“GIVE US THIS DAY OUR DAILY BREAD”
Sermon Text, St. John 4:31-34, 19:28-30
Lord Jesus, we thank You for everything, but our thanks are nothing compared with Your boundless love. Give us Your righteousness, and let Your mind be in us. Give us this grace that Your will more and more may be our food, our joy, and our strength. Amen. (Book of Family Prayer, p. 115)
Dear fellow redeemed in Christ, who is our meat and drink indeed, faith lives upon no other:
In the Lord’s Prayer Jesus puts in order the things we should pray for. “Give us this day our daily bread” comes halfway down the list in fourth.
If we were making the list we wouldn’t put it fourth. Daily bread – all that’s needed for this life – never comes in fourth place when we pray. It’s often the first thing we pray for, and sometimes it’s the only thing.
Should we feel guilty about that? Not really. God wants you to ask Him for your daily needs. But it’s a little dangerous. If you have a direct line to God, can’t it become selfish? If everyone needs something, how is it not a free-for-all, with everyone trying to budge in front? There’s always a new worry or a new problem. So praying the fourth petition can turn into a self-serving, self-centered activity where you don’t look beyond yourself.
This explains what Jesus is doing in these verses of John 4. When they said, “Rabbi, eat,” He responded, “I have food to eat of which you do not know.” Their minds are on food and He turns it into a teachable moment. They looked at each other quizzically and said, “Has anyone brought Him anything to eat?” Jesus could be frustrating that way. Sometimes you just want to eat, you don’t want a lesson or a pop quiz.
But what did Jesus say? “My food is to do the will of Him who sent Me, and to finish the work.”
Jesus is not saying that He never needed to eat bread or drink water. He did need that. One of the ways the Bible shows that Jesus was fully man is that it shows Him needing daily bread, having the same physical needs. He had His disciples gather grain on the Sabbath out of need. It even says in Luke’s gospel, about the women who followed Him along with the 12 disciples, that they “provided for Him out of their substance” (Lk 8:2-3), they helped provide things for Jesus’ basic daily needs, like food and lodging (things the disciples, being men, wouldn’t think of until the last minute).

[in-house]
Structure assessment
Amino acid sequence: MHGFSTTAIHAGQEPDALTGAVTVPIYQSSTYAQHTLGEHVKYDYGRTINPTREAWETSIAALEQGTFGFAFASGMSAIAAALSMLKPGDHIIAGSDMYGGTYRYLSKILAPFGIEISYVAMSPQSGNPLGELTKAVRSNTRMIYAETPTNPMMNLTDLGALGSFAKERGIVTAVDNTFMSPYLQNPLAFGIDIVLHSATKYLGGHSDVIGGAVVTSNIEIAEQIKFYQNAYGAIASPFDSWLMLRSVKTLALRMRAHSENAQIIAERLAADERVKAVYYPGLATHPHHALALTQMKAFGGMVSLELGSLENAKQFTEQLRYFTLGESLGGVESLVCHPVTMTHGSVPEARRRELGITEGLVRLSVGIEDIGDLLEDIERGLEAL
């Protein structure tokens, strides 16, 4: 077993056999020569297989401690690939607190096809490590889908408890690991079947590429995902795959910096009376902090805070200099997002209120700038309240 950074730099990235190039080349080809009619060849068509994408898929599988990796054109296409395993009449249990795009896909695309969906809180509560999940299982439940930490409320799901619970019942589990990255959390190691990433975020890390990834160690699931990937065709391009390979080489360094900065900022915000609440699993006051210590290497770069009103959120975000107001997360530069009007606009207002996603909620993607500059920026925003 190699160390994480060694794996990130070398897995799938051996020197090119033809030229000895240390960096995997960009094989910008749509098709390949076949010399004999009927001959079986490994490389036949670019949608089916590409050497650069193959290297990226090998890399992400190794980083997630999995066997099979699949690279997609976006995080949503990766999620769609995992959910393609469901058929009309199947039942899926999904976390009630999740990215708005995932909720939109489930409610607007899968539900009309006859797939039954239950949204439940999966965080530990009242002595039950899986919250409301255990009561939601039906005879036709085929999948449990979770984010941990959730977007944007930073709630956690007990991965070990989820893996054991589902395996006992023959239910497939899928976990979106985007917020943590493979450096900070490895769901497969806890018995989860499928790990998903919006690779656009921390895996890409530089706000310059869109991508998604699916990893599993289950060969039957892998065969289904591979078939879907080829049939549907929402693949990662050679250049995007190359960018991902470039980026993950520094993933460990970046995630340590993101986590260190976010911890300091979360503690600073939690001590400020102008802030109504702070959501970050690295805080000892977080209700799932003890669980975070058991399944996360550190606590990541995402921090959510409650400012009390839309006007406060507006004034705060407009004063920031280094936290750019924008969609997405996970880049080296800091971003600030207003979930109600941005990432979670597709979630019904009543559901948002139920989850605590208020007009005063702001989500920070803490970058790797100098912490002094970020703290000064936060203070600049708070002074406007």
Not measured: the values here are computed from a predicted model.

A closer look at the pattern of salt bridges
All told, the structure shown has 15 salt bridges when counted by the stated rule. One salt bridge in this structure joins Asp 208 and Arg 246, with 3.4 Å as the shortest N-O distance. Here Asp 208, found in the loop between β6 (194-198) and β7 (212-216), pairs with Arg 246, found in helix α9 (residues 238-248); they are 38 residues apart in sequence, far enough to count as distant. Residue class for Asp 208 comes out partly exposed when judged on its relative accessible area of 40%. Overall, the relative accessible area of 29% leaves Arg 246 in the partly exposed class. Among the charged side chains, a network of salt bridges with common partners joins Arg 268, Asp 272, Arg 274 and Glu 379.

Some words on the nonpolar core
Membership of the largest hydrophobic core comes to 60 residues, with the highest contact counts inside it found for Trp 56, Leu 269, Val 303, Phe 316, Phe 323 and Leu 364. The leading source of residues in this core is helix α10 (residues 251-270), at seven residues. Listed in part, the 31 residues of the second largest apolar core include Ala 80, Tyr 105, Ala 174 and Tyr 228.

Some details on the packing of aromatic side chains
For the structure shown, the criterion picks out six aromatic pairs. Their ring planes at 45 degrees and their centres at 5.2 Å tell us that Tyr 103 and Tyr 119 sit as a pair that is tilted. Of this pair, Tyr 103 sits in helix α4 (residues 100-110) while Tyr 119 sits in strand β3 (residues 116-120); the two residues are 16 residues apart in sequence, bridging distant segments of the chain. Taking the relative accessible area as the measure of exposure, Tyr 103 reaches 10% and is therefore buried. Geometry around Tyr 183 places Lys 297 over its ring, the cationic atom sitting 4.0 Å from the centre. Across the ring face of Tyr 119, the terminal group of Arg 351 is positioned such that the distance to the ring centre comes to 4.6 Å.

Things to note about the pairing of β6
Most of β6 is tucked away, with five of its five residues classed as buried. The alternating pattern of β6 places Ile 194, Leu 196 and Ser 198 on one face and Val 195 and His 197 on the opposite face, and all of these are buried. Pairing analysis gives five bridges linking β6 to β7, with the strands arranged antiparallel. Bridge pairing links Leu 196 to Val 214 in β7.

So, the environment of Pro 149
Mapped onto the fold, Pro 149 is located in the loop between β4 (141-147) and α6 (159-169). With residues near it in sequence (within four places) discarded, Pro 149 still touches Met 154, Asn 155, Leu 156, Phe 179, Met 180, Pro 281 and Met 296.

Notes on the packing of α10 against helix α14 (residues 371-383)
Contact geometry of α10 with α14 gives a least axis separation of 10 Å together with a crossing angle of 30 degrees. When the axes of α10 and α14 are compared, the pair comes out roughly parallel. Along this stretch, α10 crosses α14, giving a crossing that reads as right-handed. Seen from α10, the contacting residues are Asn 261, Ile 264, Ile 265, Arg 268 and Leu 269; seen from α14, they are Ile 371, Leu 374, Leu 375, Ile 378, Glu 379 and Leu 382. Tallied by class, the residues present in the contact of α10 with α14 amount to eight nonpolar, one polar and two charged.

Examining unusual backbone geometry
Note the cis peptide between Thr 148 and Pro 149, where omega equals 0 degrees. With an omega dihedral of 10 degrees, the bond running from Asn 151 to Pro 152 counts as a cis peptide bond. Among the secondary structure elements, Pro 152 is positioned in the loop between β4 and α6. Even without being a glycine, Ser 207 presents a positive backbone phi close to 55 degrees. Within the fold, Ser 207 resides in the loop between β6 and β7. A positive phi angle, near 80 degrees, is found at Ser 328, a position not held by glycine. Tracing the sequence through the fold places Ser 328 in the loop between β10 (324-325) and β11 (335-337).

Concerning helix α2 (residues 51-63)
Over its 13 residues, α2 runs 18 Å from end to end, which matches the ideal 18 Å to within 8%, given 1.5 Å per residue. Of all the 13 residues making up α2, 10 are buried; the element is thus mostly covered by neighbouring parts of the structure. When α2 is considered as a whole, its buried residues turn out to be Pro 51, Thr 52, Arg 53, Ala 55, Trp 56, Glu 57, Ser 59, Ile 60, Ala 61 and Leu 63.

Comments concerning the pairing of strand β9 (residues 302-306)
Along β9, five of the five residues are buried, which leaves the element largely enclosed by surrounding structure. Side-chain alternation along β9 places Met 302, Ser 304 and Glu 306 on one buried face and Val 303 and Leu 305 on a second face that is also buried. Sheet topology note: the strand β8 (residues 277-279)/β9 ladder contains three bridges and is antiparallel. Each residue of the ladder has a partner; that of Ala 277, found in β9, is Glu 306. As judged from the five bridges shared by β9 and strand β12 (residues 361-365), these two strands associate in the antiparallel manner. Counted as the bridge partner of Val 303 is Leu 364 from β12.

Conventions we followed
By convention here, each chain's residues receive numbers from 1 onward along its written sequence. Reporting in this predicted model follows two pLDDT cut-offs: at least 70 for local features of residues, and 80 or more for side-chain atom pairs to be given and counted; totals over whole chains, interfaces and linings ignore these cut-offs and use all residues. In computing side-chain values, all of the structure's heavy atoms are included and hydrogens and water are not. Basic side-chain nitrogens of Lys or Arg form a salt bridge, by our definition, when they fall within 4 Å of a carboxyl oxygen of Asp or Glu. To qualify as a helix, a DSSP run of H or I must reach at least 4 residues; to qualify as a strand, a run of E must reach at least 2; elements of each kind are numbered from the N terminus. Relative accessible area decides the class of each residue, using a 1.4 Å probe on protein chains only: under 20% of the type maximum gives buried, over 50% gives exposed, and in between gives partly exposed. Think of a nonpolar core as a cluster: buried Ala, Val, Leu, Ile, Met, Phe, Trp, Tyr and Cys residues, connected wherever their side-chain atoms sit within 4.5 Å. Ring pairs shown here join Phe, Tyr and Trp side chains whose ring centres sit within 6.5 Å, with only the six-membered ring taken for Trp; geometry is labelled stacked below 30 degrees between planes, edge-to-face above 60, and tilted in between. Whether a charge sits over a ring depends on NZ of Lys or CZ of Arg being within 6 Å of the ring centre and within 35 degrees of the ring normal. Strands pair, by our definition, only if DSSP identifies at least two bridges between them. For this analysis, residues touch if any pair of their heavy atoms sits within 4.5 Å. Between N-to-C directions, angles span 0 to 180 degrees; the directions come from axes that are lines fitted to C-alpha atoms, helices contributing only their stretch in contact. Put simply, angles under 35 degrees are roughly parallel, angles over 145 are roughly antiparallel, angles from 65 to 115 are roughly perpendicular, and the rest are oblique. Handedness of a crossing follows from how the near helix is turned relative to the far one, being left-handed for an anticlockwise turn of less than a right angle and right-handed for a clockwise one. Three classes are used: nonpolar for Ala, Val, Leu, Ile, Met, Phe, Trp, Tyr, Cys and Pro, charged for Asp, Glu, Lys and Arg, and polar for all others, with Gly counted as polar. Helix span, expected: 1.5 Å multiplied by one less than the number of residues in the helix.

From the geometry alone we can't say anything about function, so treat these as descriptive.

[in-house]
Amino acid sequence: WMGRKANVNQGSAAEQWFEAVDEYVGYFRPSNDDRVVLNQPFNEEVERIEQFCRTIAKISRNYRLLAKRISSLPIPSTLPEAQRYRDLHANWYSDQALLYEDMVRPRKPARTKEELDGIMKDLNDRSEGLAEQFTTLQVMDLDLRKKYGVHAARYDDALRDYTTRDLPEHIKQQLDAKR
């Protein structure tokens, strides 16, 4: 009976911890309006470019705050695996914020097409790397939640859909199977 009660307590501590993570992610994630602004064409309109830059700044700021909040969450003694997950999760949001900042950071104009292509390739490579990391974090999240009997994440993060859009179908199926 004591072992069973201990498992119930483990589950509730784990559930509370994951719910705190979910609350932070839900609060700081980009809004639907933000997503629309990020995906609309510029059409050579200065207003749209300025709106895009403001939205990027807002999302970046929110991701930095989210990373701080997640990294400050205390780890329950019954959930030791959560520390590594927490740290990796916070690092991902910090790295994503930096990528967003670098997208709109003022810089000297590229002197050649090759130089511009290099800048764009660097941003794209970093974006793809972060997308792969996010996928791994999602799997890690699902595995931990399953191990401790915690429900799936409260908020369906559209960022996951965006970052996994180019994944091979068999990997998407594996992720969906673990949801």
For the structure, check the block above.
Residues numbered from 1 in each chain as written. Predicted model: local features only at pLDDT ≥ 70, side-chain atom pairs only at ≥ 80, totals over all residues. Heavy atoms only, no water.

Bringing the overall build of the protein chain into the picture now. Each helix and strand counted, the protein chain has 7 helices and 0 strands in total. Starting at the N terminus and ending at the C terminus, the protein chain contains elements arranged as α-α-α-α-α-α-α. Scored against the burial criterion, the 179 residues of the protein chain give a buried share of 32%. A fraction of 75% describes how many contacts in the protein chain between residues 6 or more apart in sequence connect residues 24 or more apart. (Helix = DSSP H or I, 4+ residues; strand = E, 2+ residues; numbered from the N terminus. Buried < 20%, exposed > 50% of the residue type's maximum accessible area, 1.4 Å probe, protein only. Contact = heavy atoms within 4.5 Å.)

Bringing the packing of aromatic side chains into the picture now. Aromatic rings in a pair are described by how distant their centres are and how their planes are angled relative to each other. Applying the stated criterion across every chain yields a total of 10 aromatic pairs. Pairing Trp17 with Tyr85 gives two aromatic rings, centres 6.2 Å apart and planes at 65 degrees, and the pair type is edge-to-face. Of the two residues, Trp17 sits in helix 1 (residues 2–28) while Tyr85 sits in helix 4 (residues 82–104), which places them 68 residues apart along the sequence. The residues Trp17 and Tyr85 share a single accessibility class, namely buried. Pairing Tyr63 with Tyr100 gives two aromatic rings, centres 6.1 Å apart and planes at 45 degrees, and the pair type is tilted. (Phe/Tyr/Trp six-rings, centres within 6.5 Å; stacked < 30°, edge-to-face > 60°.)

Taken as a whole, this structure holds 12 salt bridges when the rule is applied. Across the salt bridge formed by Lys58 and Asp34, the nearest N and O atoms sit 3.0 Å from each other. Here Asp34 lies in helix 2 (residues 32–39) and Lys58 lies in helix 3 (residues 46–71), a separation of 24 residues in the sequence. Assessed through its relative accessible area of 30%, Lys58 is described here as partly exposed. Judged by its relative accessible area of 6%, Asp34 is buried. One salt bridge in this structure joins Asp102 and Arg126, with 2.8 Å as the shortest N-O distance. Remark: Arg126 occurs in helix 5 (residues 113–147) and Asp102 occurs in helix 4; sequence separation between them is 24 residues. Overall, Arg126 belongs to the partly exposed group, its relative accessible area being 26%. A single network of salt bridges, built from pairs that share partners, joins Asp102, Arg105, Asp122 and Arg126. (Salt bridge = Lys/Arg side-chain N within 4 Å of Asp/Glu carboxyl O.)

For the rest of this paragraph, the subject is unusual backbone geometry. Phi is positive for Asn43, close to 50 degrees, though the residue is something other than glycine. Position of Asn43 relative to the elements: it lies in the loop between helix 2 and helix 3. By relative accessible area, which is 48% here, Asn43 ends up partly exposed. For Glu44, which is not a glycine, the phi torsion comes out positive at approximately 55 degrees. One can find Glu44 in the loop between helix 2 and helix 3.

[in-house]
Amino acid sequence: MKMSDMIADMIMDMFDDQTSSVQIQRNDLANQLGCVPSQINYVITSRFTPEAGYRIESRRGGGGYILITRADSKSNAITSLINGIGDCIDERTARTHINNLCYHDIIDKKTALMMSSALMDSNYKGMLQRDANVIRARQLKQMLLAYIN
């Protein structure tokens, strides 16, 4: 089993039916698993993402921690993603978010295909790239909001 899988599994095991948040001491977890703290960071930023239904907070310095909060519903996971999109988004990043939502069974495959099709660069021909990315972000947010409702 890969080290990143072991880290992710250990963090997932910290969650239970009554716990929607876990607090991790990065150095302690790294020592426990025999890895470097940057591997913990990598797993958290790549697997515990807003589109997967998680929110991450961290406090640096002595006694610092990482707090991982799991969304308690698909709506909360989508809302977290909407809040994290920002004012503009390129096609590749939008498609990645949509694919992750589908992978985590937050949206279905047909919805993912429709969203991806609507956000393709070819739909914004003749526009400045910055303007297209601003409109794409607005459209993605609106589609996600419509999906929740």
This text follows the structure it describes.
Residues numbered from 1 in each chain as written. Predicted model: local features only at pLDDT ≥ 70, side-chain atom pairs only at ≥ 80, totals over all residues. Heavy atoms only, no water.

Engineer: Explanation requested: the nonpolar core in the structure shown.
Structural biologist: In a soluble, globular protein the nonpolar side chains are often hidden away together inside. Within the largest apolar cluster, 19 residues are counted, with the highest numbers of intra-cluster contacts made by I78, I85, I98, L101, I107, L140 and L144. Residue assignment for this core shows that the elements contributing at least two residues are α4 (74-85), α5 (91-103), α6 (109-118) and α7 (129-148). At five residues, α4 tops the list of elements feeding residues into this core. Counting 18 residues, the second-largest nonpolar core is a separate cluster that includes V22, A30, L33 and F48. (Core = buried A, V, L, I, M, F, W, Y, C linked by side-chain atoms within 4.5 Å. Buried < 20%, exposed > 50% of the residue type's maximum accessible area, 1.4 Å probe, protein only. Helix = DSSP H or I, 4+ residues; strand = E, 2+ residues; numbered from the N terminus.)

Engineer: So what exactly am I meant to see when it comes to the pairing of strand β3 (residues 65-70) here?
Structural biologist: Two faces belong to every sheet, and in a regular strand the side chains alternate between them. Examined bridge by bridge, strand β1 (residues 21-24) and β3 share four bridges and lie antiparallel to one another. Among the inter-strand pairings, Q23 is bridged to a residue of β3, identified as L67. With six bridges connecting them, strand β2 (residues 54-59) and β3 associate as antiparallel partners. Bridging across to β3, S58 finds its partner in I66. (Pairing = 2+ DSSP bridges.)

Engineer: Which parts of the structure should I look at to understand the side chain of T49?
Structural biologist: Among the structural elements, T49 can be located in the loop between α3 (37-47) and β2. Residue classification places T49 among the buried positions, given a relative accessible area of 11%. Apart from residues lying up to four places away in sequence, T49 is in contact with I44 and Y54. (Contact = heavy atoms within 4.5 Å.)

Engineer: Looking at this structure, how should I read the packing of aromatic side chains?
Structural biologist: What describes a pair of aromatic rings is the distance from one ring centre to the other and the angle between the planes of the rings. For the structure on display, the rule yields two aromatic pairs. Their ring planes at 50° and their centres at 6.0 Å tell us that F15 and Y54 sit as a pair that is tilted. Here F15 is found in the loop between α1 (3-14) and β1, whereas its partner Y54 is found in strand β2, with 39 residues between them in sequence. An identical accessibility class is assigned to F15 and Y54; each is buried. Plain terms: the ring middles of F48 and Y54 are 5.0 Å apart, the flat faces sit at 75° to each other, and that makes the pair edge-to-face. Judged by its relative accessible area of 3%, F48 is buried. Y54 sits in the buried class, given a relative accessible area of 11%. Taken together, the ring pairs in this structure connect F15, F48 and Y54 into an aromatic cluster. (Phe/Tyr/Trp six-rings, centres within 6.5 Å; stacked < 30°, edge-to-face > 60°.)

So Jesus did need food to eat, He needed sleep, He needed His mother’s love, He needed friends, He needed quiet and time to think, He needed money to buy things. This is love, that He came down to need what you need, to sanctify your daily needs. He prayed this and trusted God with a perfect heart, which you need too; He takes away what’s lacking in our trust.
But here He makes us think more deeply about what’s needed. Recall how He told poor care-worn Martha: “One thing is needed” (Lk 10:42). As Savior of the world, Jesus says His daily bread consists of what He’s doing for others, all people in the world. His food, His meat and drink, is to “finish the work,” carry out the plan of salvation, “the will of Him who sent Me.”
We know where this would end: on the cross, when Jesus said, “It is finished!” Now you know why He said, “I thirst,” right before that. He tells His disciples that His meat and drink was to finish the work of salvation for all who could not drink this cup of suffering.
He could feed 5,000 every single day and still there would be more poor, more hungry, more lonely, and everyone would be unsatisfied. He came to make satisfaction. He came to finish the work. “Finish” means to complete but it also means to perfect.
It’s not far from the meaning of Shalom, the Hebrew word that we translate “peace” when the risen Jesus says to the disciples, “Peace to you.” It means that everything is put back together, there is wholeness and soundness, tranquility and peace, safety and rest, no being out of sorts or agitated, everything in perfect harmony.
This is what Jesus came to provide – to “finish the work,” not just have lunch or provide it. He has in mind the establishment of shalom – wholeness and soundness, tranquility and peace, safety and rest, everything in perfect harmony, nothing out of sorts or agitated. Now isn’t this more than you have on your mind when you pray for your daily bread, or for a specific need?
This is what Jesus is pushing His disciples to see. Those who follow Jesus don’t spend all their time looking inward. They look up – to the cross. They look outward – to see all whom Jesus sees, for whom He says, “I thirst,” and then says, “It is finished!”
Let this enter your prayers. Pray for your daily bread to the cross and from the cross. Pray not only for your daily bread but for others – when you see your parents worried, when you see your child needing a friend or a good result in school, when you see what your spouse wants and needs, as you’re aware of a homeless person, or a person struggling with depression, or a grieving widow or widower. Pray for them to receive what they need. Jesus is here pushing you to see that your daily bread is connected to everyone else’s daily bread. We pray for our daily bread, that all our wants be satisfied.
His words “It is finished,” His “Peace to you,” gives you confidence that in Him all your wants are satisfied, and gives you the heart for others to receive all good in Him. He leads us in this prayer for our bread as a “we” who are together in Him. Amen!